Carbon emissions from the global energy industry rose by the fastest rate in almost a decade in 2018 after surprise swings in global temperatures stoked extra demand for fossil fuels.
BP’s annual global energy report revealed for the first time that fluctuating temperatures are increasing the world’s use of fossil fuels in spite of efforts to tackle the climate crisis.
The recorded temperature swings – days which are much hotter or colder than normal – helped drive the world’s biggest jump in gas consumption for more than 30 years.
They also stoked a second consecutive annual increase for coal use, reversing three years of decline earlier this decade.
Spencer Dale, BP’s chief economist, warned that the report reveals “a growing mismatch” between society’s rising demand for climate action and the actual pace of progress.
“At a time when society is increasingly concerned about climate change and the need for action energy demand and emissions are growing at their fastest rate for years,” he said.
Carbon emissions climbed by 2% last year, faster than any year since 2011, because the demand for energy easily oustripped the rapid rollout of renewable energy.
Two-thirds of the world’s energy demand increase was due to higher demand in China, India and the US which was in part due to stronger industry as well as the “weather effect”.
This was spurred by an “outsized” energy appetite in the US which recorded the highest number of days with hotter or colder than average days since the 1950s.
“On hot days people turn to their air conditioning and fans, on cold days they turn to their heaters. That has a big impact,” Dale said.
The unusually high number of “heating days” has continued in the first months of this year.
The combined number of particularly hot and cold days was unusually high in the US, China and Russia where the use of fossil fuels remains high.
The US shale heartlands helped to meet its rising energy demand with the biggest annual increase in oil and gas production for any country ever.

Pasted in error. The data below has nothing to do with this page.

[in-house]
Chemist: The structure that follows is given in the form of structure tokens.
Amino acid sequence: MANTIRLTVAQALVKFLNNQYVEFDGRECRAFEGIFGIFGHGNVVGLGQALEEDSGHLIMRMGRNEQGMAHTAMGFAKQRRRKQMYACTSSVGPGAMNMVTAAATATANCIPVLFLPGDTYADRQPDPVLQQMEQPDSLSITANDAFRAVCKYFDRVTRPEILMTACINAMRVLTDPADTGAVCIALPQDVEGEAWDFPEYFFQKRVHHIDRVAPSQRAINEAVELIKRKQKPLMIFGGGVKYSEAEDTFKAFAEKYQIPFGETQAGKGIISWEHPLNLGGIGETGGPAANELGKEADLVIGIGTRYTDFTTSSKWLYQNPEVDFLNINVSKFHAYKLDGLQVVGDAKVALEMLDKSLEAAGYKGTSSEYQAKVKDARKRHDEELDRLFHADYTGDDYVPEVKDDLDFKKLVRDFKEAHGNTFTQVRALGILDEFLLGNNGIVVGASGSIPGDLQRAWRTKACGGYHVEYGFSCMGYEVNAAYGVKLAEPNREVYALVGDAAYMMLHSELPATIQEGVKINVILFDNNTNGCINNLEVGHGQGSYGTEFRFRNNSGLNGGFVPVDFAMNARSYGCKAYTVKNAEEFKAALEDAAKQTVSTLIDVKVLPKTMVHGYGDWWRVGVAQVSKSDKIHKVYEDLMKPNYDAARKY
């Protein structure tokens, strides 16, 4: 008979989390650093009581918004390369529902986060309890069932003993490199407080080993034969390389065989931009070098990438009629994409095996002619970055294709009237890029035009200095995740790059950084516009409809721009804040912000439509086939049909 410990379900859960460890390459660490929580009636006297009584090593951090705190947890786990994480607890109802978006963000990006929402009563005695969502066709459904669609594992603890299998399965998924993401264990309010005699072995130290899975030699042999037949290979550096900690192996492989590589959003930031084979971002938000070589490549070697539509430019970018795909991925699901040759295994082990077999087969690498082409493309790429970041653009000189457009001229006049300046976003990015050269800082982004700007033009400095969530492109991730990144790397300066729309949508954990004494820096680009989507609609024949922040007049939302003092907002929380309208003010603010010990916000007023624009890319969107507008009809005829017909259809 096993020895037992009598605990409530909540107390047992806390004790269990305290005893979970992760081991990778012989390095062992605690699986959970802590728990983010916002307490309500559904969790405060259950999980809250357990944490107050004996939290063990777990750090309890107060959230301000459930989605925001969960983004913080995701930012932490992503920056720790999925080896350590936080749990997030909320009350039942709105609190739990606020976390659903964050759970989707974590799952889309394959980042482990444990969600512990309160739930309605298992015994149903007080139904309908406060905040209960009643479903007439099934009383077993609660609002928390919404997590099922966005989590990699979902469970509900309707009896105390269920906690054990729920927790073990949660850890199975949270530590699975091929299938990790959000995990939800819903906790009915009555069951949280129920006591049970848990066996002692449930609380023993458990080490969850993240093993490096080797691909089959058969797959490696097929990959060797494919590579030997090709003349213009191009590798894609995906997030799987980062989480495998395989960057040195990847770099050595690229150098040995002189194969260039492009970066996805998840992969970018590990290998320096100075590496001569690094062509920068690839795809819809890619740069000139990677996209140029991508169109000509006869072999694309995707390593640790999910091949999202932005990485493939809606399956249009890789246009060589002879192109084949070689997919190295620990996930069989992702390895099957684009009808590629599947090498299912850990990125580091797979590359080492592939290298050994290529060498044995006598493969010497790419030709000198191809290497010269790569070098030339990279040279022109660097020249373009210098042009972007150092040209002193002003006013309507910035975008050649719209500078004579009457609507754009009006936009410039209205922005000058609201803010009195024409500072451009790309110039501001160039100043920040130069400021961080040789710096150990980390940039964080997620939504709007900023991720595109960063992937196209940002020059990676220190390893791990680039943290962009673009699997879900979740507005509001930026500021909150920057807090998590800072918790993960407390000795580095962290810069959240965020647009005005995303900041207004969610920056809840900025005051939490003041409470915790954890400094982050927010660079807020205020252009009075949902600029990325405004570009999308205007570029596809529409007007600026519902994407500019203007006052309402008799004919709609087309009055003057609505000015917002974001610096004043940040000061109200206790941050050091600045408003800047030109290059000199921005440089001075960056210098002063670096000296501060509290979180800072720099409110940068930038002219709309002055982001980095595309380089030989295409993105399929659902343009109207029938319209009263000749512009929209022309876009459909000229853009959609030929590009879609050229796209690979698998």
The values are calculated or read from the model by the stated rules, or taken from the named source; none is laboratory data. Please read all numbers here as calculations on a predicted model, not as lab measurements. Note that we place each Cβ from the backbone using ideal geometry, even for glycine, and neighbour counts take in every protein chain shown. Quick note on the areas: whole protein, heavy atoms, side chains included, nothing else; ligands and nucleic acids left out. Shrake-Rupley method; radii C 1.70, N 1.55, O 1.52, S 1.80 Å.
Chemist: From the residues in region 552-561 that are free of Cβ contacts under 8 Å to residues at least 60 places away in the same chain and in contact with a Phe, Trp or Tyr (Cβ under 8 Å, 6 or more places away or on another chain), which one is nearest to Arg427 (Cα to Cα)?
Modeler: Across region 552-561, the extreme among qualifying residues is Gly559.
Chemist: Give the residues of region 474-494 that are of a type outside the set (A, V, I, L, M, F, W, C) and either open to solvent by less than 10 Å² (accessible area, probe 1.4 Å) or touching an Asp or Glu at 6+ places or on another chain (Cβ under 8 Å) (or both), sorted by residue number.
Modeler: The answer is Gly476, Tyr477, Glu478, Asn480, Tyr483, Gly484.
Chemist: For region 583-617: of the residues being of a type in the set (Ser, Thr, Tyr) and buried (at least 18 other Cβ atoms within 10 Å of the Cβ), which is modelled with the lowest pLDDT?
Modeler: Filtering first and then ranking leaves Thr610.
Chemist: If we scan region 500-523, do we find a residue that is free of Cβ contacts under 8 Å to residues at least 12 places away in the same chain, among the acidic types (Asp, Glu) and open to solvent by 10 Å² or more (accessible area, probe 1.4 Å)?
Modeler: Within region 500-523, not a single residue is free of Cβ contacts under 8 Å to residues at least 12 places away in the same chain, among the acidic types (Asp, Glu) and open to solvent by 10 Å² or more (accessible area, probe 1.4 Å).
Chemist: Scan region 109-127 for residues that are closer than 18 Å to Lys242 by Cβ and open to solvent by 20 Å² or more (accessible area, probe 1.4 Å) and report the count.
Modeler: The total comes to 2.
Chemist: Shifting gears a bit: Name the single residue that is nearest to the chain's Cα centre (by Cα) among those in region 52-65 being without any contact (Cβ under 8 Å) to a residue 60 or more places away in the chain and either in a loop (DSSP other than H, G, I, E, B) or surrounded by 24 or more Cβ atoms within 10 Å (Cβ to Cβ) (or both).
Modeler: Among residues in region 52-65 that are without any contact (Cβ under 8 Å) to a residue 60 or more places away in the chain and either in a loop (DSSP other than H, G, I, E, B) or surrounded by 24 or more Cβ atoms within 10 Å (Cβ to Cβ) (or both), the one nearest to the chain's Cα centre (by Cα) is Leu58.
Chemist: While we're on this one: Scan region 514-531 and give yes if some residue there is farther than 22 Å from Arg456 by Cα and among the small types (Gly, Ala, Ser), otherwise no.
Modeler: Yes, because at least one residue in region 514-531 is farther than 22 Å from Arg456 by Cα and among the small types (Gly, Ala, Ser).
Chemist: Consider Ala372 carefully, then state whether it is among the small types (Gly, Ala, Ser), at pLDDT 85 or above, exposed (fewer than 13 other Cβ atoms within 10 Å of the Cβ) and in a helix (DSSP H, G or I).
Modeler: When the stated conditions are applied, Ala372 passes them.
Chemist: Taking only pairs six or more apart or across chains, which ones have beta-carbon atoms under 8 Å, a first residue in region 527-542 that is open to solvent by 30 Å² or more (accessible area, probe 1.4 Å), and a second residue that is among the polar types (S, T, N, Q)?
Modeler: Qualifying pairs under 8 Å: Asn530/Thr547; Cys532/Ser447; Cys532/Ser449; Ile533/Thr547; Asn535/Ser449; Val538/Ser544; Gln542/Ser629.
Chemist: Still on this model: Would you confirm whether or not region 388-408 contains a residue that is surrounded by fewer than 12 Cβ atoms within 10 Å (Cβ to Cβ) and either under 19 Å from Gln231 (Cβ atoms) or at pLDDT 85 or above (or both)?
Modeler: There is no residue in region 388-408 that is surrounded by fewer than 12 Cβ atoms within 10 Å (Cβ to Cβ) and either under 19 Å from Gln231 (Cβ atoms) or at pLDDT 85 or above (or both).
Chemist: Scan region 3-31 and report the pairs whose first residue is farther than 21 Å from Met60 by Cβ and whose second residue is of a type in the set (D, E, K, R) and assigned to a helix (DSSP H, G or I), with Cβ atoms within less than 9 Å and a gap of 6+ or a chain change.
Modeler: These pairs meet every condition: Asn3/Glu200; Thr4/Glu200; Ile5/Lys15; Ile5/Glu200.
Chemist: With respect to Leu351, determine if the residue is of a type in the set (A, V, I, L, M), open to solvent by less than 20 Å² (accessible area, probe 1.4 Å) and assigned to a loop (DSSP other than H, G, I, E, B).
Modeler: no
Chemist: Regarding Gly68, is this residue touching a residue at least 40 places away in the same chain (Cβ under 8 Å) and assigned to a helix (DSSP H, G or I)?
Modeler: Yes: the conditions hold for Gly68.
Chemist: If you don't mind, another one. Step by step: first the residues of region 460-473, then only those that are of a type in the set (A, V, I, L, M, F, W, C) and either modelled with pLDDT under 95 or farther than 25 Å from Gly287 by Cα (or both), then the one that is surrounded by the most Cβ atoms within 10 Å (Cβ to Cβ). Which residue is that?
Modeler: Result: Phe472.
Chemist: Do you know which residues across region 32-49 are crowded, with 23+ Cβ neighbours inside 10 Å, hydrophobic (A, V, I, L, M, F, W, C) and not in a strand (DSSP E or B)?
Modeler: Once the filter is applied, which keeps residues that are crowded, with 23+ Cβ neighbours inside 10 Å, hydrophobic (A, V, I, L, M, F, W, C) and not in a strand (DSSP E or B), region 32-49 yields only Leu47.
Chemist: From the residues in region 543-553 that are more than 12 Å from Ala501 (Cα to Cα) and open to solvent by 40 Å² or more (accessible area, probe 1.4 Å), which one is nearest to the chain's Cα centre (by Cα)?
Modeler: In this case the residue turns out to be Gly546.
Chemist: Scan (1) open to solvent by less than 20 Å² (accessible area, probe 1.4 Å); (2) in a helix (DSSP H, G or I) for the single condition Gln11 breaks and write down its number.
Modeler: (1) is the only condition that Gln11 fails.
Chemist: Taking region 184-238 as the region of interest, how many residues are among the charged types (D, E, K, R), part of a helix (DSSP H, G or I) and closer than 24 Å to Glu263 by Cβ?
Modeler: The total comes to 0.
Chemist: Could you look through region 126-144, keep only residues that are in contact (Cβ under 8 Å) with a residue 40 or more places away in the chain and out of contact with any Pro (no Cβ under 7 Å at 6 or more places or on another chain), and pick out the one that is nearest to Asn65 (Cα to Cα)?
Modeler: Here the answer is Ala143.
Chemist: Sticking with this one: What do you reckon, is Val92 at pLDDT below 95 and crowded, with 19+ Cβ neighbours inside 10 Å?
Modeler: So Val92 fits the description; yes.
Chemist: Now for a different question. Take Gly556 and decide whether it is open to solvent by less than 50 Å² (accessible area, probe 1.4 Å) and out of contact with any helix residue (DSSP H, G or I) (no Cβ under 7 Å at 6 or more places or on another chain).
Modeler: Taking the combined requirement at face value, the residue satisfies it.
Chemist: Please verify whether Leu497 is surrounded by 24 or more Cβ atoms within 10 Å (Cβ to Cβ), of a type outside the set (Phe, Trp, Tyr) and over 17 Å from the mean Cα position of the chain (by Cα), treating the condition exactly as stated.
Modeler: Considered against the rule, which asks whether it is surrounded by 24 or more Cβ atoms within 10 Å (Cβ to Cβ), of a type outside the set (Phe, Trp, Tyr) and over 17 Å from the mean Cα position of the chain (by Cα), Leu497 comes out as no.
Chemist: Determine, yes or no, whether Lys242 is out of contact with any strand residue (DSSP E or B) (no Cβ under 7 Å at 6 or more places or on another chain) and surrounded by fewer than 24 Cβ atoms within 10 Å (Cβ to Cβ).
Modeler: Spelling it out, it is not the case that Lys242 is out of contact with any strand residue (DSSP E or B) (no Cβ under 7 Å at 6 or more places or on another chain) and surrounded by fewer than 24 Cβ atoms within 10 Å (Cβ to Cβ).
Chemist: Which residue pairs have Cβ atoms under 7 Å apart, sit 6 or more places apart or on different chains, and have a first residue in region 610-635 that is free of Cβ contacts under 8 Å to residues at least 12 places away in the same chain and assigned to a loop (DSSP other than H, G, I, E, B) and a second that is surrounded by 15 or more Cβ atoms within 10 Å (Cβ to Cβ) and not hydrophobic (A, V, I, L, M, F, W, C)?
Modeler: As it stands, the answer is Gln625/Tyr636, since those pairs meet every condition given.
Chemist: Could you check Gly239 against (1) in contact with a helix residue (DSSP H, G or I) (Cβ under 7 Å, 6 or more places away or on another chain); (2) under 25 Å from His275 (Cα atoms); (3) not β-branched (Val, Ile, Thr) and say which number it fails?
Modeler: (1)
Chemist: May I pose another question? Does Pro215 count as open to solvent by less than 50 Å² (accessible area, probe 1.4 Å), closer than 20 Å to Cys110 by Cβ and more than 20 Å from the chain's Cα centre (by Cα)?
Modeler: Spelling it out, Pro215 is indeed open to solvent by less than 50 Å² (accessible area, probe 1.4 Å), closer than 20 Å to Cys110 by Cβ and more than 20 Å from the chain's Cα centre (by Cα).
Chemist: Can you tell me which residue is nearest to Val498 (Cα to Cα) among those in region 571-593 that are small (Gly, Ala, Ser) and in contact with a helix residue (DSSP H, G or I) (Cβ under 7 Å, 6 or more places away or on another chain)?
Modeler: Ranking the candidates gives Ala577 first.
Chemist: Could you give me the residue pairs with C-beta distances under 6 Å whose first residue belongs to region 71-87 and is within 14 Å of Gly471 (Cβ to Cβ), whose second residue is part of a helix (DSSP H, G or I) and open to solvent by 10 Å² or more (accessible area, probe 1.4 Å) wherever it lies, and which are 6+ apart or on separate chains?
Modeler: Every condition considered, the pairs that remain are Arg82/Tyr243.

Bob Dudley, BP’s chief executive, said: “The longer carbon emissions continue to rise, the harder and more costly will be the necessary eventual adjustment to net-zero carbon emissions.”
“As I have said before, this is not a race to renewables, but a race to reduce carbon emissions across many fronts,” he added.
The report acknowledges that emissions might have been higher without the “extraordinary growth” of renewables, which climbed by 14.5% last year, but warns against relying on green power and electric vehicles.
Last year’s growth in emissions represents the carbon equivalent of driving an extra 400m combustion engine cars onto the world’s roads, according to Dale. Meanwhile, electric vehicles rose by just 2m, to a total of 5m.
Dale added that the growth in renewables would need to have climbed by more than twice the rate achieved over the past three years to offset the impact of burning coal for electricity.
“Alternatively, the same outcome for carbon emissions could have been achieved by replacing around 10% of coal in the power sector with natural gas,” he said.
BP owns vast reserves of gas fields and consistently leads calls for countries to switch from coal to gas.
It has also backed industry calls for governments to fund carbon capture technology which can scrub the emissions from the flues of power plants and factories before they reach the air.
However, BP will not undertake “material” projects without government funding.
“You can’t rely on the generosity of the private sector,” Dale said.